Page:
My mother was a member of the Mormon Tabernacle Choir for over fifteen years, retiring seven years ago. As most people know, Choir Members are called and set apart as Musical Missionaries. Just like full-time missionaries, choir members must apply and meet religious standards. There is also a rigorous audition process.

People often ask, “Do you have to be a fabulous, professional musician in order to become a member of this choir?” Yes, you must meet certain criteria. However, just being a professional musician does not guarantee a spot; it’s a calling, so the spiritual aspect must fit. Some amazing singers have not gotten in for whatever reason—maybe it wasn’t their time, perhaps the Lord needed their talents in other ways.”

In her nearly two decades as a part of “America’s Choir,” my mom sang in 30 General Conferences, never missing one. She remembers, “Conference was a highlight of my time in the choir.” Thus, each April and October she becomes nostalgic, recalling memories of singing and preparing for some of her most favorite performances. Although she now enjoys watching General Conference from home, she shares some memories and behind-the-scenes secrets from “MoTab.

The Non Baptism Day

This post was originally published on The Liahona Project by Sarah Sargent. We post this with her permission.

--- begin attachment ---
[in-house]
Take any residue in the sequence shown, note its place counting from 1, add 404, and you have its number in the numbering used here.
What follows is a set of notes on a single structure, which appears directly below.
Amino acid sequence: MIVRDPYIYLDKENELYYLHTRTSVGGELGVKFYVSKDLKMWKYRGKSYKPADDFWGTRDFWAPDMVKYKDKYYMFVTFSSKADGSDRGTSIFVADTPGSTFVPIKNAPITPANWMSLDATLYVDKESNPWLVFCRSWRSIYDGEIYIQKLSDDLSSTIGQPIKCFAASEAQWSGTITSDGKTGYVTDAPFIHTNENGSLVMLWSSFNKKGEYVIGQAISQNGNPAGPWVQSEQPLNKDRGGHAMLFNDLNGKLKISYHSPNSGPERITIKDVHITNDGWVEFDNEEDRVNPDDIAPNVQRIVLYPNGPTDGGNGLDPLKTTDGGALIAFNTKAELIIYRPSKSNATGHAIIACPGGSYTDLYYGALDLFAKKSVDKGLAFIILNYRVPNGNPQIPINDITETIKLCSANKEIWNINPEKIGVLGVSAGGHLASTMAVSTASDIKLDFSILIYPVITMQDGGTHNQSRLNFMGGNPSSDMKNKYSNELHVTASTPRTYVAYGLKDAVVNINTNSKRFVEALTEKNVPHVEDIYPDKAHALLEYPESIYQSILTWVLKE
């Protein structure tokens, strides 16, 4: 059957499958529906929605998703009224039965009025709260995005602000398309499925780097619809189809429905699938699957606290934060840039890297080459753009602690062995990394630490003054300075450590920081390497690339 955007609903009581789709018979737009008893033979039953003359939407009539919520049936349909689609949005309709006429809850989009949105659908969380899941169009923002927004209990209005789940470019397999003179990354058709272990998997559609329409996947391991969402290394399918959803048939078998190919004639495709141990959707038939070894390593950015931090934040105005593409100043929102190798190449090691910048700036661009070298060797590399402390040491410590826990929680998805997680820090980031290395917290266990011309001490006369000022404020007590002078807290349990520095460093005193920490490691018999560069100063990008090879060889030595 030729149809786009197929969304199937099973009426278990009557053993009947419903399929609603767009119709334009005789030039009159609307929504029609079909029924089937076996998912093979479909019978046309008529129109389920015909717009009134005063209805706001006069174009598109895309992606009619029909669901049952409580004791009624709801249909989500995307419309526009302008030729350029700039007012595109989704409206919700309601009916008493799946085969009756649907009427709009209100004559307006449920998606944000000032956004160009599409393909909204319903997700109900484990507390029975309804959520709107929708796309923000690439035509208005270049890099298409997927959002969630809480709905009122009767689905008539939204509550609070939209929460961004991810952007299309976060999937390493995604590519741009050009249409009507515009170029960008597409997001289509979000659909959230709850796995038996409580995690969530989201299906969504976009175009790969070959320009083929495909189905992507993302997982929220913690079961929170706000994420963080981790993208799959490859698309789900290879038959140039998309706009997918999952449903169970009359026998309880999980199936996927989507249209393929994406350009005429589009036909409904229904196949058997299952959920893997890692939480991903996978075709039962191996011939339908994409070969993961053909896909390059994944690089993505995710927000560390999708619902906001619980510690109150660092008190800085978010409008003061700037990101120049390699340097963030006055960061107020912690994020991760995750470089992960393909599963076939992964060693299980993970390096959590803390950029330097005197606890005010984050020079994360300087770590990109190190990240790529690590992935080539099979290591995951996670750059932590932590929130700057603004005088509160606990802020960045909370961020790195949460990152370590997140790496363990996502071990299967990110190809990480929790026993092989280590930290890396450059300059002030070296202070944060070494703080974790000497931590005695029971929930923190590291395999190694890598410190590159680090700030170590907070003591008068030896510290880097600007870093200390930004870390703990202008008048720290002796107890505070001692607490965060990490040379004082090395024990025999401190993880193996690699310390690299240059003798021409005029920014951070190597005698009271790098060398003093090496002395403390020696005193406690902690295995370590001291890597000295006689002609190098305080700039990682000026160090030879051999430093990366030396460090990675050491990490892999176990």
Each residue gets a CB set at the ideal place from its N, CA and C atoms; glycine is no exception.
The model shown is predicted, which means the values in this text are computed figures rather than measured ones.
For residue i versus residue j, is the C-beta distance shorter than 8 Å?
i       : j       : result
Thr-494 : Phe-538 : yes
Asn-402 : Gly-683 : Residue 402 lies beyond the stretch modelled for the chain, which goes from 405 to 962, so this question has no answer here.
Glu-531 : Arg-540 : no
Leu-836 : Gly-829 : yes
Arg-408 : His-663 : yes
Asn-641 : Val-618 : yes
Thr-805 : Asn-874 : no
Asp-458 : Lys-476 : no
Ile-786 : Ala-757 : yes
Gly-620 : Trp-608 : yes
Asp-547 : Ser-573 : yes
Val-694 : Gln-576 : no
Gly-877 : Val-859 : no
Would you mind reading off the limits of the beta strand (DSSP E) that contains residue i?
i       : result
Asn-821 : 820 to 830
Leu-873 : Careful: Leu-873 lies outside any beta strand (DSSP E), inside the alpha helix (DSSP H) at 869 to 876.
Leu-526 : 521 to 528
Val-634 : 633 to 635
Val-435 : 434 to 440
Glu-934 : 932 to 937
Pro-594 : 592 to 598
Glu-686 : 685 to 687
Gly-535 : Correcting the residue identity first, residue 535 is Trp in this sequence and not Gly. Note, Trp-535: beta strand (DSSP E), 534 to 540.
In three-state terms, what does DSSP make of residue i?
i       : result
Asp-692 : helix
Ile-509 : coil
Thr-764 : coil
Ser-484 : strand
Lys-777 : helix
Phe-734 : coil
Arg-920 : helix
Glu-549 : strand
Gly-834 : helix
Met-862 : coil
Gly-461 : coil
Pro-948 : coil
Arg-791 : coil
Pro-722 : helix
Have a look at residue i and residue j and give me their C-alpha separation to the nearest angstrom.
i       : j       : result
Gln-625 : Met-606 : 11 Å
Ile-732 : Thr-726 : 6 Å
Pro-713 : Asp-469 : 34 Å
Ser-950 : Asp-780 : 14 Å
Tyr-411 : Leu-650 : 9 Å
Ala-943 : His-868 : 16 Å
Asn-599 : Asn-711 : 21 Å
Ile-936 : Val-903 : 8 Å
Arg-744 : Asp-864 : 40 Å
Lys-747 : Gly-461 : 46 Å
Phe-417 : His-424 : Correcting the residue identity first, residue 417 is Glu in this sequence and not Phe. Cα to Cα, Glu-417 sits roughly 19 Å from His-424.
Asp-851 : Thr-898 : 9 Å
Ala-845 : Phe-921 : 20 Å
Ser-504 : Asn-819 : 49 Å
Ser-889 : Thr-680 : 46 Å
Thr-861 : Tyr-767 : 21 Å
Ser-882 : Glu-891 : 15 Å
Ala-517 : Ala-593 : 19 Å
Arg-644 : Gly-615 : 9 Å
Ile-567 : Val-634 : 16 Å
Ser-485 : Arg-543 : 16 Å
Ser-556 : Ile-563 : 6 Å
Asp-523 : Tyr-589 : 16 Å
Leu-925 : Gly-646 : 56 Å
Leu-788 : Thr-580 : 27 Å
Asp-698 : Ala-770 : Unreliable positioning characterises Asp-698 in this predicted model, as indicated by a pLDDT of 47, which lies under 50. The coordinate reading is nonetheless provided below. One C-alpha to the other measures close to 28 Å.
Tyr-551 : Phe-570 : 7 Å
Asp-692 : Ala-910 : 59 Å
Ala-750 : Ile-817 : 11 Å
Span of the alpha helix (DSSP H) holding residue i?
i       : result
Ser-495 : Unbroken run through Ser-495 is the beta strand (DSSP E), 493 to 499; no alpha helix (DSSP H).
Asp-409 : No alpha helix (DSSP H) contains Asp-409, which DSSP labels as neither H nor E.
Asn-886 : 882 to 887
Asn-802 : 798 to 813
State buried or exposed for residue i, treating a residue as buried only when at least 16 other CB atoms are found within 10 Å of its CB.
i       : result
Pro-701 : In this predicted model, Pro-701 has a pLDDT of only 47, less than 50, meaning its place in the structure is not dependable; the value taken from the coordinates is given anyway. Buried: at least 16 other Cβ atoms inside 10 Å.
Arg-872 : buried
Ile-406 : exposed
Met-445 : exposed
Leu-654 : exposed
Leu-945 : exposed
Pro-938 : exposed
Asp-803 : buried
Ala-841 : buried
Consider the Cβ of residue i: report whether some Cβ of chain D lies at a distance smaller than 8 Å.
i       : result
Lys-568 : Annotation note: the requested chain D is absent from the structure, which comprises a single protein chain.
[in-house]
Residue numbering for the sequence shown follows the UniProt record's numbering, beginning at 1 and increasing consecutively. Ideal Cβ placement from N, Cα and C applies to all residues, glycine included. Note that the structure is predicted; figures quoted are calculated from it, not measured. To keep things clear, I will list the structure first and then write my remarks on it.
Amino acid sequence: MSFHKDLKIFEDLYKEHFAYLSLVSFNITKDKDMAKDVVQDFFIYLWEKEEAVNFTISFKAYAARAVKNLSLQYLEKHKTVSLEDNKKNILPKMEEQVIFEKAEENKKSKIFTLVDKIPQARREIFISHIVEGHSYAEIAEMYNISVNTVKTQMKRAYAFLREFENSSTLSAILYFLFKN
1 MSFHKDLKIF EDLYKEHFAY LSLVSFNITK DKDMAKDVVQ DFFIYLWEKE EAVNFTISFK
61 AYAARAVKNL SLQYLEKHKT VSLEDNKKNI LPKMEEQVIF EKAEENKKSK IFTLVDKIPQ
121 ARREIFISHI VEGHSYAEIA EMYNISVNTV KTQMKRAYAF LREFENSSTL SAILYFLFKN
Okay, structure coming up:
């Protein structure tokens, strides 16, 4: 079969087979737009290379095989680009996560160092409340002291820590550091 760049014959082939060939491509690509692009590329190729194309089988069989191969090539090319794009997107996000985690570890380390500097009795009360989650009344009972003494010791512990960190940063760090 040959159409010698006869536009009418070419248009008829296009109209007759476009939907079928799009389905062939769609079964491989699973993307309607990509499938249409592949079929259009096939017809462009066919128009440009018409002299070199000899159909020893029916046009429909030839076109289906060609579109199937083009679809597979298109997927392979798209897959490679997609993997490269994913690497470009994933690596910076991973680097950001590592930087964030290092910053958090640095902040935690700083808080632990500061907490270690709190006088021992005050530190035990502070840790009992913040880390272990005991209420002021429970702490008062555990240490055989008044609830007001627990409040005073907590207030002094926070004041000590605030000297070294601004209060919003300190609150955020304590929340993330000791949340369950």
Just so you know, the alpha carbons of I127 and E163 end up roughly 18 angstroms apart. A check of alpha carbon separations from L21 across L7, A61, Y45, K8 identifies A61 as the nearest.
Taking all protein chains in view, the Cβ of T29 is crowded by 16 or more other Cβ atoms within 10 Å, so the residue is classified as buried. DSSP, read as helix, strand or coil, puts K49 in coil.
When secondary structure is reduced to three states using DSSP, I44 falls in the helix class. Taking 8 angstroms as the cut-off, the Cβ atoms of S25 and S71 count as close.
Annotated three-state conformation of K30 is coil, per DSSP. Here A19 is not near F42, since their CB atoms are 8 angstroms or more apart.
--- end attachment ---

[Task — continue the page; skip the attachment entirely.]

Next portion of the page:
A high pitched squeal of laughter pierces the otherwise reverent sacrament meeting as my son, Cohen, races at full speed towards the stand. My husband’s feet are heavy and loud as he sprints after him. Besides a few suppressed smiles, barely anyone reacts; maybe they don’t even notice anymore as this is a normal occurrence several times each and every week.

Why Mormons Are Different

I have been a Mormon my whole life. My father converted as a young man, and my grandparents on my mother’s side welcomed the missionaries into their home to try and “prove them wrong,” only to find that the Restored Gospel of Jesus Christ was what they had been missing. For 22 years I have benefitted from the dedicated examples of my parents, enjoyed the atmosphere and culture of the church, and I have loved the teachings of Jesus Christ. As I have grown, I have noticed that Mormons can sometimes be considered social anomalies. Certain commonalities amongst members of The Church of Jesus Christ of Latter-day Saints are not quite “normal.” Here are of some of my experiences with these so called “abnormalities.”

Abnormality #1: Serving Full-time Missions

The young men and women of the LDS Church are invited and encouraged to serve full-time missions. This means dedicating 1 ½ -2 years completely to inviting others to come unto Christ. Most young men leave right after high school at the age of 18, and the young women can leave at age 19. Some missionaries stay in the United States, while others travel across the world and learn an entirely new language and culture. For all missionaries, communication with family and friends back home is limited to weekly emails and calls only on Christmas and Mother’s Day, in an effort to maintain focus and dedication to the Lord’s work. (Mark 16:15, D&C 20:59) There are also strict expectations of obedience and responsibility.